The unequal treatment of transfers among intermediaries versus peer-to-peer transactions has been criticized. It was argued that the travel rule in its current form will be not effective to combat criminal activity, instead putting a burden on the crypto-financial industry. However, service providers being active in the space will have no alternative but to adhere to the rule.
Implementing the travel rule is not as easy as it first seems. Imagine you as a VASP receive the instruction from a client to transfer 10 Bitcoin to an unknown blockchain address. How do you know whether the destination address is controlled by another VASP, which triggers the obligation to send originator and beneficiary information? If this can be determined, how is the information transmitted and in what format? What happens if the client refers to the wrong VASP by mistake or even on purpose? Finally, how can be ensured that client data is protected along the way.
Different solutions are currently being discussed by the VASP community. Initial ideas where suggesting centralized approaches, such as global registration of addresses controlled by VASPs, which would obviously undermine the benefits arising from the blockchain. Increasingly, the discussion focuses on decentralized and open protocols. Some ideas suggest the usage of blockchain.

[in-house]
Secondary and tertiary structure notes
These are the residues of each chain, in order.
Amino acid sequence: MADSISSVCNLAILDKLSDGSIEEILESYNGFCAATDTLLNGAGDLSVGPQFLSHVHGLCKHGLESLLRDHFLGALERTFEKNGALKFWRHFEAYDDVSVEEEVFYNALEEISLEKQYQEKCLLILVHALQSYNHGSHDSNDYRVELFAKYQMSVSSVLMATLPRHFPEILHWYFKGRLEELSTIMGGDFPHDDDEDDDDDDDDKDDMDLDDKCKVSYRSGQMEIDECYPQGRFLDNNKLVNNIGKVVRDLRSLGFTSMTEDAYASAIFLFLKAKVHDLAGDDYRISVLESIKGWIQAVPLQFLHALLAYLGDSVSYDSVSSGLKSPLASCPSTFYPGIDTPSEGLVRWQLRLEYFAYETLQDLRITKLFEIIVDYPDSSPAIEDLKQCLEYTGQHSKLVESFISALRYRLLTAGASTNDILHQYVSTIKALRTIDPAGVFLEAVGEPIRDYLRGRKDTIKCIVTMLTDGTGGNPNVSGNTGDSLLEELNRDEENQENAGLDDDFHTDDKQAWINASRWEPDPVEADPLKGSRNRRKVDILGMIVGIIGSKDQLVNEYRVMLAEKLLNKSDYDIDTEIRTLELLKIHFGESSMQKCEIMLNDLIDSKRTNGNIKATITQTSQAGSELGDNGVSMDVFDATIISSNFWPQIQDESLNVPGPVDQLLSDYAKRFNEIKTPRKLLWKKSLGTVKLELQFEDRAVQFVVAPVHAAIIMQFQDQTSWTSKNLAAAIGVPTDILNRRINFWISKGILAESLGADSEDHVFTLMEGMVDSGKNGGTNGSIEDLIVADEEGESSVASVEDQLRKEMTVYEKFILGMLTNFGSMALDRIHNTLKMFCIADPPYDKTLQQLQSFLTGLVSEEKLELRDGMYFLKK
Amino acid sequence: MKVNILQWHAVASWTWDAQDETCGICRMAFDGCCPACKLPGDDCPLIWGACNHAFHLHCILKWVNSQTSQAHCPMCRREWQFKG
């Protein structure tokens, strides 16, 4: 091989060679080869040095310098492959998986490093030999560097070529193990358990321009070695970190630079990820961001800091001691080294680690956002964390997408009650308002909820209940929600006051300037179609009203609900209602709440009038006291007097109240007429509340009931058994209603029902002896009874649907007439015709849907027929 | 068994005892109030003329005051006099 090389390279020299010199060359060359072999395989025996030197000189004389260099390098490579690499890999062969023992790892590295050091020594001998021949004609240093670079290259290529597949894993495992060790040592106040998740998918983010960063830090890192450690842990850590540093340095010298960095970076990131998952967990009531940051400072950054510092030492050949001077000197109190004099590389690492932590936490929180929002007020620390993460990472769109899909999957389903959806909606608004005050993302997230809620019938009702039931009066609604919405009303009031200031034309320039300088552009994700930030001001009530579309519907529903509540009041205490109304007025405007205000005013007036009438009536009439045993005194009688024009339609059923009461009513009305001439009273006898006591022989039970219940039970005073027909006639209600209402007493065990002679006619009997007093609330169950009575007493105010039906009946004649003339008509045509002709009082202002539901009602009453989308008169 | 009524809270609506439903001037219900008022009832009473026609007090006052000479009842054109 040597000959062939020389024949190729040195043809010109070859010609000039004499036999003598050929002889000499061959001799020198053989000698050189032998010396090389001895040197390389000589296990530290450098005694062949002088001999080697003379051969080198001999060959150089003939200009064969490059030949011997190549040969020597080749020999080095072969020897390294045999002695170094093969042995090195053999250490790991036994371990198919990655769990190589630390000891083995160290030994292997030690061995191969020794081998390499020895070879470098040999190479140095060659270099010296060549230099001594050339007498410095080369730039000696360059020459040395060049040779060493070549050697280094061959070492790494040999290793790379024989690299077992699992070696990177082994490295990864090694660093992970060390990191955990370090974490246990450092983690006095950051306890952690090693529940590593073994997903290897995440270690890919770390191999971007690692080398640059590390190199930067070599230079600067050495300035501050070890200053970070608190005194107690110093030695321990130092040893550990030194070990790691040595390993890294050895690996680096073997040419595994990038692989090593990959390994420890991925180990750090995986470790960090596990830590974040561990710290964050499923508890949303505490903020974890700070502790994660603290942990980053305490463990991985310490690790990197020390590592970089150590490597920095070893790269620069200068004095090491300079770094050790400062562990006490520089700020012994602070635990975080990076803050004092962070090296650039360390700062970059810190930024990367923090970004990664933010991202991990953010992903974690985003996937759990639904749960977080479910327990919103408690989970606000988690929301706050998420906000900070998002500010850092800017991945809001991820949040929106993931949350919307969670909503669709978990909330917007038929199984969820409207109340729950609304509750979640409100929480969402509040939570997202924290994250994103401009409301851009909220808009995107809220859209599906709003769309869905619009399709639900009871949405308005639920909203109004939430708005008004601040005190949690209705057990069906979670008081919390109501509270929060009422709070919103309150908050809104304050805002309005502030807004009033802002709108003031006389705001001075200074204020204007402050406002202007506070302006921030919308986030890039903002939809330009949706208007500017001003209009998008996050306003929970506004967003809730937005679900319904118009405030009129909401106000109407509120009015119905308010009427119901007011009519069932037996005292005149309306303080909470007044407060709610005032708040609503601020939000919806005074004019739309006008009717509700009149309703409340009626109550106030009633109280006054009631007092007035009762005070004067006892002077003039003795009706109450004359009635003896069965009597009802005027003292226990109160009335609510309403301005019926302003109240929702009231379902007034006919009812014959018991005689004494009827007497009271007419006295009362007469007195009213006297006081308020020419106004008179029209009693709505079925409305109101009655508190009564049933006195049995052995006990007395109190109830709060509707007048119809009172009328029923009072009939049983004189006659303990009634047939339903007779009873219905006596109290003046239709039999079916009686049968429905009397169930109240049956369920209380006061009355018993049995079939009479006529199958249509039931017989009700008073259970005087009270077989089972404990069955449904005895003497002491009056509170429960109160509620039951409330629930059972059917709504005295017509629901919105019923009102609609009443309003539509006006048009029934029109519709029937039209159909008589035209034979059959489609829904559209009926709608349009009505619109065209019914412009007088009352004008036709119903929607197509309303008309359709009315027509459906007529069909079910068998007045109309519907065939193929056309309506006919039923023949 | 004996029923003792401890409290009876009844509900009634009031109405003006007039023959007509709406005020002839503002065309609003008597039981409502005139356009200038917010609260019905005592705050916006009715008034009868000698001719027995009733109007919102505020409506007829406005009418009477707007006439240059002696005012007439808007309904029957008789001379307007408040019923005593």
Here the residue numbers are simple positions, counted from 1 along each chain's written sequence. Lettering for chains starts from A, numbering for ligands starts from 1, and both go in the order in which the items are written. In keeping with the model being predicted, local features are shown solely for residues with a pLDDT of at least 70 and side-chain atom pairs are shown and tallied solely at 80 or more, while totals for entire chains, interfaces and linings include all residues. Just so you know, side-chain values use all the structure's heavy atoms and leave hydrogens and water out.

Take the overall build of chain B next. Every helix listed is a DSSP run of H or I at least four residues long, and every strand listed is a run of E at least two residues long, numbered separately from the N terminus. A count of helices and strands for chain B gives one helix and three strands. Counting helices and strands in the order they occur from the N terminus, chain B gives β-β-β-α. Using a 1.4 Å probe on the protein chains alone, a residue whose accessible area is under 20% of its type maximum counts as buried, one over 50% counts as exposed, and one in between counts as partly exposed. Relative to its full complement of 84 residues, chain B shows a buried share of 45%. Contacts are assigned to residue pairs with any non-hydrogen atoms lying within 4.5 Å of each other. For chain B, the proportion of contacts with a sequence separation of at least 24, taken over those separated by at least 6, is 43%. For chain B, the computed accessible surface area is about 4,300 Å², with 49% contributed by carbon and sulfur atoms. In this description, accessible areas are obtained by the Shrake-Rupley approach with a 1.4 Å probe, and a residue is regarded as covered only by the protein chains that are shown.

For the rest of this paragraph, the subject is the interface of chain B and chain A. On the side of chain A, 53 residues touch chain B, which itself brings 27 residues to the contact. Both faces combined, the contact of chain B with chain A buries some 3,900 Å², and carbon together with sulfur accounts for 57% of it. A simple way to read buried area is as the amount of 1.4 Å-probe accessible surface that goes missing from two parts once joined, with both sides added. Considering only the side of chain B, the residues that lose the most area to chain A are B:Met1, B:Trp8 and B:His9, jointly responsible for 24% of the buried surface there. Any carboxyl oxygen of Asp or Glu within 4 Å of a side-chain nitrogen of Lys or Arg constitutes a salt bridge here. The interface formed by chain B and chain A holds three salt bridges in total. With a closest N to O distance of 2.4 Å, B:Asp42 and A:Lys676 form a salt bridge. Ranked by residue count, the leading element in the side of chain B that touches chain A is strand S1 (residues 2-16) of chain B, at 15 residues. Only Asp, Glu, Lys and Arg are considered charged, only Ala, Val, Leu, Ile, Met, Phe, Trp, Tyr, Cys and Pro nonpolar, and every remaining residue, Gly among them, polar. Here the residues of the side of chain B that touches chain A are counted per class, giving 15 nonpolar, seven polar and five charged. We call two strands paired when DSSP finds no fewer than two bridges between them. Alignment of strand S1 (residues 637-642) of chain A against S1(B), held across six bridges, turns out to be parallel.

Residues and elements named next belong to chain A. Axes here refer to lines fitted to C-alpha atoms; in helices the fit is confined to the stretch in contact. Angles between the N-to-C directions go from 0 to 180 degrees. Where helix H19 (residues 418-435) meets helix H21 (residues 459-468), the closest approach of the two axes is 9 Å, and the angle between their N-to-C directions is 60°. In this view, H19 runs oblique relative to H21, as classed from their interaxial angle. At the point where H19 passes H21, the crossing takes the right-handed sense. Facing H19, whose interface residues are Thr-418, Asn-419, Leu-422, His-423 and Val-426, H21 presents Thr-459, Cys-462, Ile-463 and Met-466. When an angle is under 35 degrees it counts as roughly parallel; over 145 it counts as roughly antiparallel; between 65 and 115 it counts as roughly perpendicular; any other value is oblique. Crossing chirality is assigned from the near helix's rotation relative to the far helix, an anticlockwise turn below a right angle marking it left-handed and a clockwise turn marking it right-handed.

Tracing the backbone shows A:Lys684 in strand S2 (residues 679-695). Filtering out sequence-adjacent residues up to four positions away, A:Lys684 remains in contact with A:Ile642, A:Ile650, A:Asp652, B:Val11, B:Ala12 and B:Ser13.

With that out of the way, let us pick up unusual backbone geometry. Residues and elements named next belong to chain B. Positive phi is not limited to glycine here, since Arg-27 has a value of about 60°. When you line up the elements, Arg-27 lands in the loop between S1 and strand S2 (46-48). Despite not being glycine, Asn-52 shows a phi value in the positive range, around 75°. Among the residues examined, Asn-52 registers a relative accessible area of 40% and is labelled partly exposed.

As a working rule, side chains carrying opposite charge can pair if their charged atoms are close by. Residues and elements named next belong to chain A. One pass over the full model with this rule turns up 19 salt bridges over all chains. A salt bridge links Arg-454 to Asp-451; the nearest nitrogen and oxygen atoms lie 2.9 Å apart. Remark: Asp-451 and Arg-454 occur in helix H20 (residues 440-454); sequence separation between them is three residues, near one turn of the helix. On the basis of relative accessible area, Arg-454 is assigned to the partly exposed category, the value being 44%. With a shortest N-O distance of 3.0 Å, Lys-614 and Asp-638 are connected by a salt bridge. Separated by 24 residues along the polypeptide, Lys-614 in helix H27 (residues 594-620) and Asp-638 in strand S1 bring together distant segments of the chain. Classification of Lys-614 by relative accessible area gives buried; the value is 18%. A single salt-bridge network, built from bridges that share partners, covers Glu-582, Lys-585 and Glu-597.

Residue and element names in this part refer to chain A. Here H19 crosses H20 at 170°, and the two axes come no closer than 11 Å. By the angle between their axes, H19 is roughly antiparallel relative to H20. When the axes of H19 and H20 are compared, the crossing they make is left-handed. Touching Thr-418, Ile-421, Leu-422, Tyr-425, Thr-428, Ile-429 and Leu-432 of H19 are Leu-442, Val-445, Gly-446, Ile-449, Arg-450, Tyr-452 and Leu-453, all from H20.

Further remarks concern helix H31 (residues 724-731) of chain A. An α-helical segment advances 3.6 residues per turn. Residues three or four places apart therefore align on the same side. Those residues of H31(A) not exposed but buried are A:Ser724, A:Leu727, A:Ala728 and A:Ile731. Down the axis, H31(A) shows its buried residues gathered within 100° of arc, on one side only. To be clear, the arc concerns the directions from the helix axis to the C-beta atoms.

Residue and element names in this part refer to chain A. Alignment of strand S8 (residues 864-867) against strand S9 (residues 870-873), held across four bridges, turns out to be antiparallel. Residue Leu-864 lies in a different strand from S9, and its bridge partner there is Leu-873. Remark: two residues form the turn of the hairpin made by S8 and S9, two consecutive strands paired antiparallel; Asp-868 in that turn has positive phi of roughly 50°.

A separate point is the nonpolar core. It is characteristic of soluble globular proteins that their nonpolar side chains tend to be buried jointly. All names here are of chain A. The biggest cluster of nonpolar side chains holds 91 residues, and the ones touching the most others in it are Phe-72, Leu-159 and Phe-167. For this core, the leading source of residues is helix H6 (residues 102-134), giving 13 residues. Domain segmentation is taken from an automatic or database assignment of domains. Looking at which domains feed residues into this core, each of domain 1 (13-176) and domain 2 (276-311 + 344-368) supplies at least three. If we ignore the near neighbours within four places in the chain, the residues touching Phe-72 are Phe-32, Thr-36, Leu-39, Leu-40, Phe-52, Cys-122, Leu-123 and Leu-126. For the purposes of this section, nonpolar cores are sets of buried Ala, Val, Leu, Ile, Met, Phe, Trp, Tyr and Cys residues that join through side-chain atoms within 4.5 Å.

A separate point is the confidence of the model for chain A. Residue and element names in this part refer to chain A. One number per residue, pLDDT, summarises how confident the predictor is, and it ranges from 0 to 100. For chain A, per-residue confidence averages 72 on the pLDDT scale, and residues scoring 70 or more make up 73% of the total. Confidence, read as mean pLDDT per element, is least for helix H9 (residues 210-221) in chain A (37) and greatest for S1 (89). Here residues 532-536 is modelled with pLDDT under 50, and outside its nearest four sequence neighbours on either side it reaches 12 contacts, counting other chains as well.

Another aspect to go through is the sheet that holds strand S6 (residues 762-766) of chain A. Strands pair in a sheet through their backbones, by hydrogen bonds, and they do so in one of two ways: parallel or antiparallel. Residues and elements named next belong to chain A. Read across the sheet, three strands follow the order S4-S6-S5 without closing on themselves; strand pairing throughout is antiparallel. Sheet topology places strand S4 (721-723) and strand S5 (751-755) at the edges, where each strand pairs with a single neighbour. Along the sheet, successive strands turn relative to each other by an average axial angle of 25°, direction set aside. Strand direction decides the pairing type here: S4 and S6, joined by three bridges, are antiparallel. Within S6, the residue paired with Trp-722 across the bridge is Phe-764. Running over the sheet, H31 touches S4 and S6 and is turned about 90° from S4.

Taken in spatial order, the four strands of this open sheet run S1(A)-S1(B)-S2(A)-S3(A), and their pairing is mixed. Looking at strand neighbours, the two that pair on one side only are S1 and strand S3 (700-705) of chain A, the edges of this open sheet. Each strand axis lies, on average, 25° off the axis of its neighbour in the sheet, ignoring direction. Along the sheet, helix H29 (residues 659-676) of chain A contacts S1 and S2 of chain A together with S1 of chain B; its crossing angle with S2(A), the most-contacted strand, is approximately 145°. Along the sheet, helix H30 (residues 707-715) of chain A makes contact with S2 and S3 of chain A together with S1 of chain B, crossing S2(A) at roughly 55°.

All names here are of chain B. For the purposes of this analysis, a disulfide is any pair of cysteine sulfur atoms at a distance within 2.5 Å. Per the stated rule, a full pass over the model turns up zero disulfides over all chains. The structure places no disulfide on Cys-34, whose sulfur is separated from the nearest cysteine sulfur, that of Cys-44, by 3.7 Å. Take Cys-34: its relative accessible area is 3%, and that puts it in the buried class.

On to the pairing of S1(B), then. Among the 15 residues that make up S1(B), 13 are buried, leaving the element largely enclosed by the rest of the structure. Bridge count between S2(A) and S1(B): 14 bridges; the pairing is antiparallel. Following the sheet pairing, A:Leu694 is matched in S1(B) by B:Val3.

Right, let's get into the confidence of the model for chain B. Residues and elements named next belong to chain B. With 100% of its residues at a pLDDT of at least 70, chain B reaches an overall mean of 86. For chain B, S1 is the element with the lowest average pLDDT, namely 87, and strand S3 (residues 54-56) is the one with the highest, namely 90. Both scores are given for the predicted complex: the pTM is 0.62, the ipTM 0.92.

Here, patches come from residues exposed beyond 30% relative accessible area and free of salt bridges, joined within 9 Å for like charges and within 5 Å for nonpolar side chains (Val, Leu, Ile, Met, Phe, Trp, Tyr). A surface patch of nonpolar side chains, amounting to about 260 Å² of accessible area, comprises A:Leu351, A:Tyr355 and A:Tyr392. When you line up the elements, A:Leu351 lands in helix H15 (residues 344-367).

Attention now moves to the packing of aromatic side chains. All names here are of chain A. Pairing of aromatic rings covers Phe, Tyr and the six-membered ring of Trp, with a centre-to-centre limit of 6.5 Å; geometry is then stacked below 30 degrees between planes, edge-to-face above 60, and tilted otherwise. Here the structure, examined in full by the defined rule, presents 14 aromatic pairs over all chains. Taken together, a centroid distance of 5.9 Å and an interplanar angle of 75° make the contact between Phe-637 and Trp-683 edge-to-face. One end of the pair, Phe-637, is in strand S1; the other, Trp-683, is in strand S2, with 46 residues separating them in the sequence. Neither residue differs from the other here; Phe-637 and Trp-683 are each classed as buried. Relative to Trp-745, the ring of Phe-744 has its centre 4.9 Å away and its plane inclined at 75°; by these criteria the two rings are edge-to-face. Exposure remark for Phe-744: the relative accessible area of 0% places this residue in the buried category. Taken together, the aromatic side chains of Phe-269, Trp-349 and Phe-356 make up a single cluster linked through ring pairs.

In a recent blog post, Andy Bryant from bitFlyer summarized the different technical solutions across two dimensions: Firstly, whether it follows a centralized or decentralized approach, and secondly whether the solution utilizes a blockchain or not.
Irrespective of the way it is implemented, the travel rule will have an impact on the crypto-financial ecosystem. For a VASP, compliance will be less costly when receiving cryptocurrencies from another VASP, together with the mandated originator information, than obtaining the necessary background on a transaction made from the customer’s private wallet.
For this reason, there are concerns that VASPs might prefer transactions from other VASPs to the extent that it will weaken the peer-to-peer nature of cryptocurrencies.
On a more positive note, the travel rule does address the most important regulatory concerns about cryptocurrencies: their usage in money-laundering and to evade sanctions.
Even though the fear of illicit transactions is often exaggerated – blockchain compliance company Chainalysis accounted them for less than 1% of all Bitcoin activity in 2019 – such allegations were hindering further acceptance.
Therefore, while the travel rule is a significant burden to those active in the space, it will at least place cryptocurrencies at a more equal footing with traditional payment systems. One excuse less for delaying adoption.
Bitcoin Suisse has proposed an open standard to facilitate compliance with the travel rule for virtual assets. Called OpenVASP, the protocol is designed to:
- pursue a decentralized approach without the usage of a central component;
- work with any blockchain or distributed ledger technology (DLT) used for the underlying virtual asset transfer;
- put privacy of transferred data at the center of its design.
More information can be found on the OpenVASP website here.